Citizens knew who they were voting for. Reagan had a track record as governor of California, a long history of dog whistle politics. In the mid-1970s, he used a single case of welfare fraud to treat poor black women as “welfare queens” who defrauded welfare services of millions of dollars. Never mind that many of those who depended on state aid were white and many of them lived outside urban areas (as they do today). Reagan used the politics of racial resentment to anger white people.

Of course, Sebold was only in college at the time – so was I. But connecting Reagan’s victory to racial entrenchment wasn’t a baseball issue on the inside. One of his most widely covered and controversial campaign events was a stopover at Neshoba County, Mississippi, the same place where three civil rights activists were murdered by white supremacists in 1964. an accident – and its symbolism was understood at the time as an appeal to white racists. Reagan campaigned with notable segregationists. Jimmy Carter hinted his opponent was running a racist campaign, then backtracked after being accused of fomenting division (a common backlash to the call, then and now).

What does all this have to do with a memorialist who suffered terrible assault? The point is, these arguments were exposed, these fresh injuries, when Sebold was asked to pick a man in a team. If it was not the subject of “debate” or “conversation”, it is only because the Americans had voted, a year earlier, to shut the door on it. They had voted for an America where the lyrics of the old cowboy song, declaring “It’s your misfortune and none of mine ”, would become national policy. Many of them may have closed their eyes, but I find it almost impossible to believe that an educated young woman like Sebold was unconscious. And if she was, she has something else to atone for.

I am deeply sorry for the pain Sebold suffered and the trauma of his rape. I also believe that she is deeply sorry that the wrong man was convicted of the crime. I am glad to hear that Broadwater finds his sincere apologies and I accept his language to be limited, perhaps out of fear of litigation. But her insistence that Americans knew no better in 1981 than to place all their trust in a legal system that pressured her to identify the wrong suspect – clearly wrong.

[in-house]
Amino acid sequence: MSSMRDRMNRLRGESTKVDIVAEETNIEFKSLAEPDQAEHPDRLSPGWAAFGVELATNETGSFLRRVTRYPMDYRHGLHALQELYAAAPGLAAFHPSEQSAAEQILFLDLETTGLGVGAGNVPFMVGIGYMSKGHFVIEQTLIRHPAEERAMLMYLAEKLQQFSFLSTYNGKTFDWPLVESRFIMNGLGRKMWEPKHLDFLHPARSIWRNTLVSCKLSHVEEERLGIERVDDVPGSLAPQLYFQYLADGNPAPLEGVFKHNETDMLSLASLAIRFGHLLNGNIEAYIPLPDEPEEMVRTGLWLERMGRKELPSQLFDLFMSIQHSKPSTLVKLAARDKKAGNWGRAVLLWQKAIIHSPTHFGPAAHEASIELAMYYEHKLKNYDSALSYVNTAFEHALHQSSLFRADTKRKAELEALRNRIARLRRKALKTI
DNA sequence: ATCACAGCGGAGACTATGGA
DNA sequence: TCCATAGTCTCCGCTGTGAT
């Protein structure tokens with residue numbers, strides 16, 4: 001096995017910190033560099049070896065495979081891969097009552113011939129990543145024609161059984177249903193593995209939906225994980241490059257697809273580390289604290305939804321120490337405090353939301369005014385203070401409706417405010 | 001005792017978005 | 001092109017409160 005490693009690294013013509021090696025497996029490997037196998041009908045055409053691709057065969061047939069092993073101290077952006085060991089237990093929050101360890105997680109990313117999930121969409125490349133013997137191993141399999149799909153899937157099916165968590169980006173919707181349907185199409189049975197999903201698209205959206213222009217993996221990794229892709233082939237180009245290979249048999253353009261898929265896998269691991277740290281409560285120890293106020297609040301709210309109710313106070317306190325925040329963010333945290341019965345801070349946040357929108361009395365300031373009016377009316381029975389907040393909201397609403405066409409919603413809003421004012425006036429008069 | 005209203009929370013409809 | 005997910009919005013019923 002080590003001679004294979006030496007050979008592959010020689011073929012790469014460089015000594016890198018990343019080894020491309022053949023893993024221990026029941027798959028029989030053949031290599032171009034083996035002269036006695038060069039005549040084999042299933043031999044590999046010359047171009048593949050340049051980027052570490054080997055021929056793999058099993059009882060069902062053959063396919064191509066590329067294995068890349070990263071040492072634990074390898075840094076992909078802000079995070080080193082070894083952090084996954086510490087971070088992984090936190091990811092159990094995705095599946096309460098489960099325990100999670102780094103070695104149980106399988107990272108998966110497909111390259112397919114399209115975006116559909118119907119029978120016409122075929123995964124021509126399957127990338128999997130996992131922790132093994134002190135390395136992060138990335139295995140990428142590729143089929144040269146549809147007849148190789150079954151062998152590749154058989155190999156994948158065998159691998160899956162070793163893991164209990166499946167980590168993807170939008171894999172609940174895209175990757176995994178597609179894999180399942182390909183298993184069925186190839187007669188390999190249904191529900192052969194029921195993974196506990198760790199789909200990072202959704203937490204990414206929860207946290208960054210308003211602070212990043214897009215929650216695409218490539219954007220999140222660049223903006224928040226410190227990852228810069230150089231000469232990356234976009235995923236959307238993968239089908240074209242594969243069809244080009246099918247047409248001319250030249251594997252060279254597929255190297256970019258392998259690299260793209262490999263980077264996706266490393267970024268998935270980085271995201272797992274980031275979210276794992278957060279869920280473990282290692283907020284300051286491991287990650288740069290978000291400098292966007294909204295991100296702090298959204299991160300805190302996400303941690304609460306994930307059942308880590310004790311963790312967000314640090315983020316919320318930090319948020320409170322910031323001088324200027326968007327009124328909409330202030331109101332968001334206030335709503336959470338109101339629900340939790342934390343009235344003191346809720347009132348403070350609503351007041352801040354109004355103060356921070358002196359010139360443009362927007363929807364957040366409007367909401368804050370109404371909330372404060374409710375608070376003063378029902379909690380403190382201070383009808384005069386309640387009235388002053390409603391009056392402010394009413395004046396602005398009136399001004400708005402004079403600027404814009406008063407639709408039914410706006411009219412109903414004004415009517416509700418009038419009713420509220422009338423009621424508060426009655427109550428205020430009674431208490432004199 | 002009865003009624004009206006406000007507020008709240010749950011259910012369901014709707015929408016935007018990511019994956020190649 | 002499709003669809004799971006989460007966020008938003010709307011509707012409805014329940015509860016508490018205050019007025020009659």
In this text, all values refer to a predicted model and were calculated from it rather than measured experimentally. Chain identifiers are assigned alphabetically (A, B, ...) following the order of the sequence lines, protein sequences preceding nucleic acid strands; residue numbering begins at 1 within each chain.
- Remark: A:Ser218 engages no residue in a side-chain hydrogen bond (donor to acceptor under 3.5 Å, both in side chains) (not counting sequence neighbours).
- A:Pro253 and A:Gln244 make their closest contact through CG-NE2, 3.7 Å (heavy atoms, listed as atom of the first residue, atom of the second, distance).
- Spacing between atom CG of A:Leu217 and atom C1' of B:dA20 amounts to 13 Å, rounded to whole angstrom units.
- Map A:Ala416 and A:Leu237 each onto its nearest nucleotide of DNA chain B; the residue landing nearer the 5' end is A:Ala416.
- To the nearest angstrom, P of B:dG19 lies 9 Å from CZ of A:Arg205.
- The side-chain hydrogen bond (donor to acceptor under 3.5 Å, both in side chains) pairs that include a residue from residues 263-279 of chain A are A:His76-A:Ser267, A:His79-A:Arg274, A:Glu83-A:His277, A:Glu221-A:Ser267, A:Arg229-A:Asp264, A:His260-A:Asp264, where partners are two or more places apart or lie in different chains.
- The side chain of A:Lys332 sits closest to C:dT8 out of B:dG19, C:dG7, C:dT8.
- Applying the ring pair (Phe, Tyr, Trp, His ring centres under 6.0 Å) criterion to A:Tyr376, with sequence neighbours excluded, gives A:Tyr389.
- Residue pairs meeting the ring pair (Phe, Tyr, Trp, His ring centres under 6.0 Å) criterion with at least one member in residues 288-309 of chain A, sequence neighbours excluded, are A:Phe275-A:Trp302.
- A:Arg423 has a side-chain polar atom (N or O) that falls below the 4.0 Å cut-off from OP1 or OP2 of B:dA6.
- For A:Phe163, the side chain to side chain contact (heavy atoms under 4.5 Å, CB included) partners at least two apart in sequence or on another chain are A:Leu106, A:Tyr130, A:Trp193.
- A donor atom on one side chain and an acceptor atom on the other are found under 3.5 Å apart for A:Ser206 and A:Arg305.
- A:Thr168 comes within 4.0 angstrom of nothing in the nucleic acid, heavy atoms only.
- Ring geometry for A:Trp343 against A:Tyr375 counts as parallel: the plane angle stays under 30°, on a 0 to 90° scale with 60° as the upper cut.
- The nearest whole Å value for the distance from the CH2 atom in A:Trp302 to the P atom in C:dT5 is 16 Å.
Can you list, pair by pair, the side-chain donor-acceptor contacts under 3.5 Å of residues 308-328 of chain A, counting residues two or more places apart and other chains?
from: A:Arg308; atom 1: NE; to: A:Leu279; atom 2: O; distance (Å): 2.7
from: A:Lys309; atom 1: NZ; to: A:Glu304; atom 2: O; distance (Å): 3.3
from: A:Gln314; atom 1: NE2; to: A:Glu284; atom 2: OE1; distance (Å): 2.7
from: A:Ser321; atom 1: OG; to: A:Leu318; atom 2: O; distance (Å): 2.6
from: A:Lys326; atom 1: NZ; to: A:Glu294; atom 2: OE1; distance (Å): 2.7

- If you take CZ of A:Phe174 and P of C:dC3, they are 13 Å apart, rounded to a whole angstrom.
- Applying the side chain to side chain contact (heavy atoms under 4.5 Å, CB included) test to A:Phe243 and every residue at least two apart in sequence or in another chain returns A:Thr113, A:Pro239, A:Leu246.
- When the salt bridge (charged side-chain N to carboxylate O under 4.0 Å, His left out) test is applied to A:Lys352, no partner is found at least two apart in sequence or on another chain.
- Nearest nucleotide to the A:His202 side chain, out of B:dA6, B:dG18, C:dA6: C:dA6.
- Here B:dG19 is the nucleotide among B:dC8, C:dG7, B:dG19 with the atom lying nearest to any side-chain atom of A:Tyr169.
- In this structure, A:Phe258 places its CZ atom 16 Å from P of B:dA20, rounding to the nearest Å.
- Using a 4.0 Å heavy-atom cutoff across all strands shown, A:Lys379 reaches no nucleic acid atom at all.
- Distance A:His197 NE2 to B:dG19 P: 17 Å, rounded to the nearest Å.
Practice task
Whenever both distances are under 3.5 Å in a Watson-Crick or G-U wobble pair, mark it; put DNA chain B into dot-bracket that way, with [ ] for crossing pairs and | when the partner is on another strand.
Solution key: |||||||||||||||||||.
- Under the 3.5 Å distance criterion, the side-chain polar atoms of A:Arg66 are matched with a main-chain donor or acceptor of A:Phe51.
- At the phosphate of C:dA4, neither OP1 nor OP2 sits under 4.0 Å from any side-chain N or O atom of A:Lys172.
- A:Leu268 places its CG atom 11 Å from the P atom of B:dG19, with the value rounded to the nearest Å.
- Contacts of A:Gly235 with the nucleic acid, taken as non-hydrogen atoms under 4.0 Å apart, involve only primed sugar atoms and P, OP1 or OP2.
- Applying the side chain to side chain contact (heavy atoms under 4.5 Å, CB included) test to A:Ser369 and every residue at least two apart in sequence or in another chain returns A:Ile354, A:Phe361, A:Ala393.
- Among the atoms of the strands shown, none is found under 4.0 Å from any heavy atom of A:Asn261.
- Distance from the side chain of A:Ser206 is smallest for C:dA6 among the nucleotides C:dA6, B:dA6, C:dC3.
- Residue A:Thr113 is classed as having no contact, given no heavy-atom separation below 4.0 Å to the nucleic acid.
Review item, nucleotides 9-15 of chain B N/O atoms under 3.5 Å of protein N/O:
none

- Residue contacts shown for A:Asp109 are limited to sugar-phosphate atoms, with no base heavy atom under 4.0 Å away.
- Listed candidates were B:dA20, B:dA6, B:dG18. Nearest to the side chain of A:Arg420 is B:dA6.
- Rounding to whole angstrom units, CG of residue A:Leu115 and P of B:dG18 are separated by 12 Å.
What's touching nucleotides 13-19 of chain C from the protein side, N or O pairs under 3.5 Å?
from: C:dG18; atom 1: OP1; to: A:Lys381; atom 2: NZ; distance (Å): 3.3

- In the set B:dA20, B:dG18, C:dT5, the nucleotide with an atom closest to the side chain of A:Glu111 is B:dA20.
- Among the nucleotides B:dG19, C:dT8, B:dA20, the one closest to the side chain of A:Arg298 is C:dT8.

If Sebold is sincere, she must offer Anthony Broadwater more than carefully crafted words. Irreparable harm has been done, whether she likes it or not. It seems necessary that Sebold does something that looks like restorative justice.

While the ultimate call on what would constitute a proper contrition should belong to Broadwater, I have a suggestion. Sebold could make a large donation to an organization like The Innocence project, who works to free those who have been wrongfully convicted. Or she could establish her own foundation, perhaps one that helps former jailers re-enter society, as Broadwater has struggled to cope with in the face of intense ostracism and lost opportunities.

Whatever she does, the uncomfortable fact is that, lawyer statement or not, Sebold is responsible for the harm it has caused – if not legally, at least morally. Those who suffer from trauma are not exempt from inflicting trauma on the innocent. And to claim that we didn’t know any better – as a society and as individuals – is an insult to those of us who have, and further harm to those we have all fallen victim to.

Berry writes for a number of posts and tweets @BerryFLW.